The parliament of birds

Couverture
Hesperus, 2004 - 151 pages
1 Commentaire
In this collection of poems, among his very best, Chaucer showcases his lyrical skills to perfection. Verging from tragic to comic, the overriding theme of the poetry is love, in its many guises. Chaucer tells of his passion for reading, which allows him to eavesdrop on a "parliament of birds" on St Valentine’s Day; he tells how he, as an inveterate reader, forsakes his books on the first of May to wander into the fields; he complains of being short of money; and he complains to his scribe for copying his verses badly. All in all, in the course of the poetry he reveals a lot about himself, and does so throughout in an engaging and civilized manner.

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Review: The Parliament of Birds

Avis d'utilisateur  - Jan-Maat - Goodreads

Selection of shorter Chaucer poems in original middle English (but with standerised spelling) with parallel modern English text. Consulter l'avis complet

Review: The Parliament of Birds

Avis d'utilisateur  - James - Goodreads

This is a facing page translation, with the Middle English on the left and modern on the right. Chaucer's English is some of the most beautiful, and he was a skilled poet. Unfortunately, I think ... Consulter l'avis complet

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Table des matières

The Parliament of Birds
3
The Former Age
49
A Complaint to His Lady
60
Droits d'auteur

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À propos de l'auteur (2004)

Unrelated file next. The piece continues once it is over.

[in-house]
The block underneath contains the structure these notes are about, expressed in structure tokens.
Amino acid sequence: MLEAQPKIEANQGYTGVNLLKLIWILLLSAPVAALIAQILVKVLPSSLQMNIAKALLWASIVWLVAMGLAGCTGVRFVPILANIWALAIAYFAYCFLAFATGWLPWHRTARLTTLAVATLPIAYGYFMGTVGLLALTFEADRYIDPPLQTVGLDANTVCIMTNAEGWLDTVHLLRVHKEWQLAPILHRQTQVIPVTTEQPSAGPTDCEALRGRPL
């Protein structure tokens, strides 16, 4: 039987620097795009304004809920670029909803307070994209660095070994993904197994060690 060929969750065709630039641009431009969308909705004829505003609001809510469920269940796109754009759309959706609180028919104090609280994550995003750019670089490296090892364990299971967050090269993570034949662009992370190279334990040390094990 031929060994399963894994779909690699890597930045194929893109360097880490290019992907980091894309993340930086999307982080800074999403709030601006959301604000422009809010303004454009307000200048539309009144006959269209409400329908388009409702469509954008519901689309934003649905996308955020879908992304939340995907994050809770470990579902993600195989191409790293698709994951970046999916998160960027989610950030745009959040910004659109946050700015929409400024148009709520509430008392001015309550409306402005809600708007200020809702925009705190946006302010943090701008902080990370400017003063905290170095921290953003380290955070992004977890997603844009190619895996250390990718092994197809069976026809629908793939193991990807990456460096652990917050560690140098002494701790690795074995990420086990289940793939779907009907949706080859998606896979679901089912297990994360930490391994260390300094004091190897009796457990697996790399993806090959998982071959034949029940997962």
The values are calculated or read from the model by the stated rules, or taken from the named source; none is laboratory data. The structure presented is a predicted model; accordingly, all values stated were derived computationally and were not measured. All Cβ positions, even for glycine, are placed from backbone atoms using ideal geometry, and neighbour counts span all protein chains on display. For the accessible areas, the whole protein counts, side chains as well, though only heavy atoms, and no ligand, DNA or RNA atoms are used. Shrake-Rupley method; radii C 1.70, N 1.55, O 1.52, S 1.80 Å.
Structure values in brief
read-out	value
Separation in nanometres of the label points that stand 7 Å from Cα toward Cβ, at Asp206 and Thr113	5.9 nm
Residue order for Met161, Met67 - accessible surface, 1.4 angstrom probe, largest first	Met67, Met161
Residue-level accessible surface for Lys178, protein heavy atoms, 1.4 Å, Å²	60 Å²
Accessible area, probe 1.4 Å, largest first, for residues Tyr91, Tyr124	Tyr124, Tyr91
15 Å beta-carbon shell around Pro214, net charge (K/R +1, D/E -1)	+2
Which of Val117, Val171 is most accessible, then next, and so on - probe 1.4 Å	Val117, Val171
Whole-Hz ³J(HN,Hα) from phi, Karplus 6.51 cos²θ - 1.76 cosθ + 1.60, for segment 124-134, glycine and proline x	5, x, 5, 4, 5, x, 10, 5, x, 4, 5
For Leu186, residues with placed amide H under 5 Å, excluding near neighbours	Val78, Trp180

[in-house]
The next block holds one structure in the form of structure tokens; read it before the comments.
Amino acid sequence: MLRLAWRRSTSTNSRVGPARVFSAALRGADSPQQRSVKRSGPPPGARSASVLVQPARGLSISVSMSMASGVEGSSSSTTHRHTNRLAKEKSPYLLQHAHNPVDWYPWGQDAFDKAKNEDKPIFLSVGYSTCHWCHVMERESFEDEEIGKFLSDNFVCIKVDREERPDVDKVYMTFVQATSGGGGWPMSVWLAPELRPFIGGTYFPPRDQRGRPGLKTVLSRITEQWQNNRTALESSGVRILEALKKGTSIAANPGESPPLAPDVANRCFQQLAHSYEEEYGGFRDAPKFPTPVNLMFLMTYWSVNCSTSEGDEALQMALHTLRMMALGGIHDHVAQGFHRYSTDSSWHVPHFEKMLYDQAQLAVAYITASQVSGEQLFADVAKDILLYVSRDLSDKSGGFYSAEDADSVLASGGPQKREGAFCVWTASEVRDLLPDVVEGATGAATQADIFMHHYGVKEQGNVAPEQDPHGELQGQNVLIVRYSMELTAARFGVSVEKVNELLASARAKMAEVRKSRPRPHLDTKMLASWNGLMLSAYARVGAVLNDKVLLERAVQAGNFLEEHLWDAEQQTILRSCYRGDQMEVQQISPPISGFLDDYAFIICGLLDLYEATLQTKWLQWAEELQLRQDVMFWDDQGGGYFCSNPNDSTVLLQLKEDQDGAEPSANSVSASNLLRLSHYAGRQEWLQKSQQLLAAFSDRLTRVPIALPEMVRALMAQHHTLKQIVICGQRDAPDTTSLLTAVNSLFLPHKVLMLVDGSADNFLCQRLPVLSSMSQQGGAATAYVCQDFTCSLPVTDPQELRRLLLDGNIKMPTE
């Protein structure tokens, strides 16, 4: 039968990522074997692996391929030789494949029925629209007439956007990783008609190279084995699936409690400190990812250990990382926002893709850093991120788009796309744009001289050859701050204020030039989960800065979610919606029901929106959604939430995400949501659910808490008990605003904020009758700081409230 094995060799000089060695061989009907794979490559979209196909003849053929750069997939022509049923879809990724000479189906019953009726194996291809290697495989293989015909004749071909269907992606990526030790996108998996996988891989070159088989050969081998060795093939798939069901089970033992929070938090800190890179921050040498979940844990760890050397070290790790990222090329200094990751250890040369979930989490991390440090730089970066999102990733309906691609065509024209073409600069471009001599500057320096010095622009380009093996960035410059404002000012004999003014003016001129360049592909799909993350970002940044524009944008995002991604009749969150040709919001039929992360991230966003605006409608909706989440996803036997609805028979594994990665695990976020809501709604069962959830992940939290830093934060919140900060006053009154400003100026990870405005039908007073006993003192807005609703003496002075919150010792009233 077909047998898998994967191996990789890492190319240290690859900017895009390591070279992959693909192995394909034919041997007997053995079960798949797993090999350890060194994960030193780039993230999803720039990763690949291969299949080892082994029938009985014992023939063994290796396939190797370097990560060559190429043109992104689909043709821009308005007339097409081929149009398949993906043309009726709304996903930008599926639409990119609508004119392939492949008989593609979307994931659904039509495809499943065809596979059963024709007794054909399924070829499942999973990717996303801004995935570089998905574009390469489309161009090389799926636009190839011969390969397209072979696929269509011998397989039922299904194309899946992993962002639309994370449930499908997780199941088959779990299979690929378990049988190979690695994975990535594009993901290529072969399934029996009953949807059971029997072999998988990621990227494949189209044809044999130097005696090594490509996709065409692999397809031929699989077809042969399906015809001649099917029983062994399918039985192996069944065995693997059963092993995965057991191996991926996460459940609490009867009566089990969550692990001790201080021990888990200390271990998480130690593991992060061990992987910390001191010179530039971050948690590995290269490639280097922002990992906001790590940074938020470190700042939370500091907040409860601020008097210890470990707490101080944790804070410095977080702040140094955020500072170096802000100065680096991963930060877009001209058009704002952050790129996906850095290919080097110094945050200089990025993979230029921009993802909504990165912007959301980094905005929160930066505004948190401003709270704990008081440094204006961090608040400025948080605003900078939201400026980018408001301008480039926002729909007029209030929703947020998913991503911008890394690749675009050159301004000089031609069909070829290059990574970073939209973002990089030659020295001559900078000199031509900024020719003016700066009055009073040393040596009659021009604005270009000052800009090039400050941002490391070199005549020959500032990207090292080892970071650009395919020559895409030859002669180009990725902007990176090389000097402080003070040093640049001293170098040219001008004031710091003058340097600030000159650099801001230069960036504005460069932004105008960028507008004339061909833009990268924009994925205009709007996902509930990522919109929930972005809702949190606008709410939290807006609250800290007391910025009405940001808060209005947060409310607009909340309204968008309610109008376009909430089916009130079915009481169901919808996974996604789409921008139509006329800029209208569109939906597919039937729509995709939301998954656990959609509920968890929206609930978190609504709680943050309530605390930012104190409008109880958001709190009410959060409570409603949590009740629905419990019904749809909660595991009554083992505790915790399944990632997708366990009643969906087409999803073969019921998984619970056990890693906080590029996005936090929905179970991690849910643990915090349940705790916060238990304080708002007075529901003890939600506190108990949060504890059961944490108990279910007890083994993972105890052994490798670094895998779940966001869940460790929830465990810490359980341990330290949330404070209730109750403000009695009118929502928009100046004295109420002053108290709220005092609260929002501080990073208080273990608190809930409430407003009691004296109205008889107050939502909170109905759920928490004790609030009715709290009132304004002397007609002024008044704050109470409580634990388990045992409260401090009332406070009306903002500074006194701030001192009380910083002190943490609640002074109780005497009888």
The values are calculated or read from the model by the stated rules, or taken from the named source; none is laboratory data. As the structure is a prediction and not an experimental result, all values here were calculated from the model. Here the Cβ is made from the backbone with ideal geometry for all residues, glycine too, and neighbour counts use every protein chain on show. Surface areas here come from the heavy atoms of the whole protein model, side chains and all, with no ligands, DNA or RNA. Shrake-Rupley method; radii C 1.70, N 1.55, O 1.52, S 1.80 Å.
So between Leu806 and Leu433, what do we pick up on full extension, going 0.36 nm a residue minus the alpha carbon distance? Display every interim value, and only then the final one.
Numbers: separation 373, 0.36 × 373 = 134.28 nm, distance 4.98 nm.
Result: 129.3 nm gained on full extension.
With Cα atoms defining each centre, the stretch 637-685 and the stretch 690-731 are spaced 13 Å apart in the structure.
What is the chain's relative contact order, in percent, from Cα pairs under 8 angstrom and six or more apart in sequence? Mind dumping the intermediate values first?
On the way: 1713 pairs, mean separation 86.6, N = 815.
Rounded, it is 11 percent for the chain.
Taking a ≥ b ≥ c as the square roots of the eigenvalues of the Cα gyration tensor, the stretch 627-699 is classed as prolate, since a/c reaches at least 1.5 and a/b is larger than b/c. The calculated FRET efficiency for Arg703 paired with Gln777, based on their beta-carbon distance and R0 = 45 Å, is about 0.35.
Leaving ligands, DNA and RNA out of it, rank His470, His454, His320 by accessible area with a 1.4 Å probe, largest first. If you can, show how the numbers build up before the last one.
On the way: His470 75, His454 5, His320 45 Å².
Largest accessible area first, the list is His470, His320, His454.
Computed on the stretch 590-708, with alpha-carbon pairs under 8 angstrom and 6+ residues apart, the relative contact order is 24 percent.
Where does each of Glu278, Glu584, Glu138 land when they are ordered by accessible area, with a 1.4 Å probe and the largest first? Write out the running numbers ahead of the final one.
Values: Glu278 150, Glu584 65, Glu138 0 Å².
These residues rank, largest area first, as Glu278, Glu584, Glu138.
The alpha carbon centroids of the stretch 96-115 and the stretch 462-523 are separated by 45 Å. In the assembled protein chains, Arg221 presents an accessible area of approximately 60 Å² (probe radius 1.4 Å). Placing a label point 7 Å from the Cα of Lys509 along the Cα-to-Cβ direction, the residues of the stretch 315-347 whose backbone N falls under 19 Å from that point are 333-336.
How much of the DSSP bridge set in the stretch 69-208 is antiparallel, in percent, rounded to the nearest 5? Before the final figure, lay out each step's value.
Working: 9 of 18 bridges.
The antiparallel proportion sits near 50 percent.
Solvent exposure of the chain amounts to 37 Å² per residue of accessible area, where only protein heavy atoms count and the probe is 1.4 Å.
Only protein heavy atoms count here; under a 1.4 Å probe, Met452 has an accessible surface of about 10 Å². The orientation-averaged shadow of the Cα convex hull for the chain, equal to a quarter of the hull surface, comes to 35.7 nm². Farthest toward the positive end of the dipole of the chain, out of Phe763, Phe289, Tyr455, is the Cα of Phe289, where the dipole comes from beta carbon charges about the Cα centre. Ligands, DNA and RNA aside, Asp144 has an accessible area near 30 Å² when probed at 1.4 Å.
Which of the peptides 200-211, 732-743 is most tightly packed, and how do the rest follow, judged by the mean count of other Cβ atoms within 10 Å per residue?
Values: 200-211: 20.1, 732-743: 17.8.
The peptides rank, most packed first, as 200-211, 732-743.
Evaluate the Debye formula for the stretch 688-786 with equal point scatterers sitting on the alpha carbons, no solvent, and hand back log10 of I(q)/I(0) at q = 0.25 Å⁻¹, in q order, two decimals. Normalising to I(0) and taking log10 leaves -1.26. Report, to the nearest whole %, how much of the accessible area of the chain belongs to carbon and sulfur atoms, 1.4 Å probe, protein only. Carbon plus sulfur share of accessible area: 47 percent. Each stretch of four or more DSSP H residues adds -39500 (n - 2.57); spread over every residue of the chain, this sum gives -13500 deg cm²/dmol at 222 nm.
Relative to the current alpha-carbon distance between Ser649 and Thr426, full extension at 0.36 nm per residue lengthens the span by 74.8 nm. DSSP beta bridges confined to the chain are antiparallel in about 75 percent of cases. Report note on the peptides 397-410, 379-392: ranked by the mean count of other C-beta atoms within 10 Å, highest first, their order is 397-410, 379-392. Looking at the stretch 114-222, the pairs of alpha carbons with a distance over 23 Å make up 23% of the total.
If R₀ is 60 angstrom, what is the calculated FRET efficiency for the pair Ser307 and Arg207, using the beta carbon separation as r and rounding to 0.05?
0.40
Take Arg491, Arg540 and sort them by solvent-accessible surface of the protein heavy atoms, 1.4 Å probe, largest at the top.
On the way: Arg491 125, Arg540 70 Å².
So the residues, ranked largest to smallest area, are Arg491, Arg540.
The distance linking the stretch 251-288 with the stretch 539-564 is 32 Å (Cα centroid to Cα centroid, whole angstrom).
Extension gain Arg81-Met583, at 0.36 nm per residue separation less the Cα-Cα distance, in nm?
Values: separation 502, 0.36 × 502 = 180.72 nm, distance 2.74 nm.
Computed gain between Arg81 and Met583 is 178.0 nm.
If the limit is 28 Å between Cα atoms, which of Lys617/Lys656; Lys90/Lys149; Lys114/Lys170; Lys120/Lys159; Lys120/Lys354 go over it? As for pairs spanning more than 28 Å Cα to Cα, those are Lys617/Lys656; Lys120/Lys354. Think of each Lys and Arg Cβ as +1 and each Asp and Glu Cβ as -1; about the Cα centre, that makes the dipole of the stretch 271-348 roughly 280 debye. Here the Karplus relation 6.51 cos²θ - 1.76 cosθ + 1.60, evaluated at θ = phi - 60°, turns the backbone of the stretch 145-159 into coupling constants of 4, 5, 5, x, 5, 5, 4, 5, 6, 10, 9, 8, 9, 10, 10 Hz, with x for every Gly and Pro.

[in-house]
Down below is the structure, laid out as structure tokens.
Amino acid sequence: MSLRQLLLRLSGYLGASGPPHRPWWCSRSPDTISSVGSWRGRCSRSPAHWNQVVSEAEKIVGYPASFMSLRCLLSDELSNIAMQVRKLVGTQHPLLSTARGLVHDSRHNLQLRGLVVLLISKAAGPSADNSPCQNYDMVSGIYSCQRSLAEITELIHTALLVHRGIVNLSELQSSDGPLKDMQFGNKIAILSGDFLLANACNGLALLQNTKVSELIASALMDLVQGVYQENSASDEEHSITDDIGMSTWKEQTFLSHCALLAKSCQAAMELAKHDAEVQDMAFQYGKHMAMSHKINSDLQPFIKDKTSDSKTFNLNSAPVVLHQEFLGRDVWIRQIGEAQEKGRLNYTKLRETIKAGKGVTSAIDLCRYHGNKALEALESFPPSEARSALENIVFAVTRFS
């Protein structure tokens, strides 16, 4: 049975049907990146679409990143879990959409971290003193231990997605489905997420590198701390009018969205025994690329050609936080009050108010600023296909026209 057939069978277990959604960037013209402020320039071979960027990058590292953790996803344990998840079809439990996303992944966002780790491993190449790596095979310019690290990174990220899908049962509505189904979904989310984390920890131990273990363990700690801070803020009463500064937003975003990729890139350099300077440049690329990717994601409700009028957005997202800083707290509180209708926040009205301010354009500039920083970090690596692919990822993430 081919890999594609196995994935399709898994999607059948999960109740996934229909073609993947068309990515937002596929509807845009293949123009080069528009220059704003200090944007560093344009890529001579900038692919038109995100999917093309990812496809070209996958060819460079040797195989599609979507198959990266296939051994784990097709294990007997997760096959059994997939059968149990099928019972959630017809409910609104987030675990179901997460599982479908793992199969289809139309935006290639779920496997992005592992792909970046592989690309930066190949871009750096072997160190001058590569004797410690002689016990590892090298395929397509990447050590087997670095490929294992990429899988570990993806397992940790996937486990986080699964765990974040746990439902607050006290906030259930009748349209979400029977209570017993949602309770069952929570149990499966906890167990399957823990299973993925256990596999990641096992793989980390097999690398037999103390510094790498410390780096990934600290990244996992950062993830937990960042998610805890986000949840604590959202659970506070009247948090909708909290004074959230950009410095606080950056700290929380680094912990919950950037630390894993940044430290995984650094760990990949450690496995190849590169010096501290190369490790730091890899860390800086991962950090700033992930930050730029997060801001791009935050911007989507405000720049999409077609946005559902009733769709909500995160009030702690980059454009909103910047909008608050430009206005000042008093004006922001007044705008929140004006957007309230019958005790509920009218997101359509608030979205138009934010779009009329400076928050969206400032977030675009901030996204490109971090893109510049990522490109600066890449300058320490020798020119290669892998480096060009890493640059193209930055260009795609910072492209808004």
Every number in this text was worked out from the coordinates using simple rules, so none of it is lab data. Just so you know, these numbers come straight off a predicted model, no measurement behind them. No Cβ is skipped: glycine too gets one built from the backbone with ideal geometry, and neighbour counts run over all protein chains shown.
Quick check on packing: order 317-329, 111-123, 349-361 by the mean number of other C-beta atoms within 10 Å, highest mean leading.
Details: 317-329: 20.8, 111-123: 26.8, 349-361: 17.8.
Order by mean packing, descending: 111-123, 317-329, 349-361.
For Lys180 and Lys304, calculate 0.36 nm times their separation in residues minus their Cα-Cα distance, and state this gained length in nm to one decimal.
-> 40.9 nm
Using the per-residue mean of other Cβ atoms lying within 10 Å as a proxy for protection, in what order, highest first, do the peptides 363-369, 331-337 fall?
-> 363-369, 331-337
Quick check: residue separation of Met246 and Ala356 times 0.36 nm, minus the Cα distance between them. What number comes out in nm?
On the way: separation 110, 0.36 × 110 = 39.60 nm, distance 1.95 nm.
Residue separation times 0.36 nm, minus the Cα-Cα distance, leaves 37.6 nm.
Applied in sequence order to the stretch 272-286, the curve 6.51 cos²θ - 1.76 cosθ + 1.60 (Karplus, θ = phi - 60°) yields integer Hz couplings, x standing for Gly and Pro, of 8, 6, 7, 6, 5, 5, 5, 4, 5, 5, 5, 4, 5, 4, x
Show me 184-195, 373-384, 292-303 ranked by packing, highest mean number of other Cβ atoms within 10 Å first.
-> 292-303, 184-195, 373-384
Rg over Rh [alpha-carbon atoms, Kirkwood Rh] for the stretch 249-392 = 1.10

Geoffrey Chaucer, one of England's greatest poets, was born in London about 1340, the son of a wine merchant and deputy to the king's butler and his wife Agnes. Not much is known of Chaucer's early life and education, other than he learned to read French, Latin, and Italian. His experiences as a civil servant and diplomat are said to have developed his fascination with people and his knowledge of English life. In 1359-1360 Chaucer traveled with King Edward III's army to France during the Hundred Years' War and was captured in Ardennes. He returned to England after the Treaty of Bretigny when the King paid his ransom. In 1366 he married Philippa Roet, one of Queen Philippa's ladies, who gave him two sons and two daughters. Chaucer remained in royal service traveling to Flanders, Italy, and Spain. These travels would all have a great influence on his work. His early writing was influenced by the French tradition of courtly love poetry, and his later work by the Italians, especially Dante, Boccaccio, and Petrarch. Chaucer wrote in Middle English, the form of English used from 1100 to about 1485. He is given the designation of the first English poet to use rhymed couplets in iambic pentameter and to compose successfully in the vernacular. Chaucer's Canterbury Tales is a collection of humorous, bawdy, and poignant stories told by a group of fictional pilgrims traveling to the shrine of St. Thomas a Becket. It is considered to be among the masterpieces of literature. His works also include The Book of the Duchess, inspired by the death of John Gaunt's first wife; House of Fame, The Parliament of Fowls, and The Legend of Good Women. Troilus and Criseyde, adapted from a love story by Boccaccio, is one of his greatest poems apart from The Canterbury Tales. Chaucer died in London on October 25, 1400. He was buried in Westminster Abbey, in what is now called Poet's Corner.

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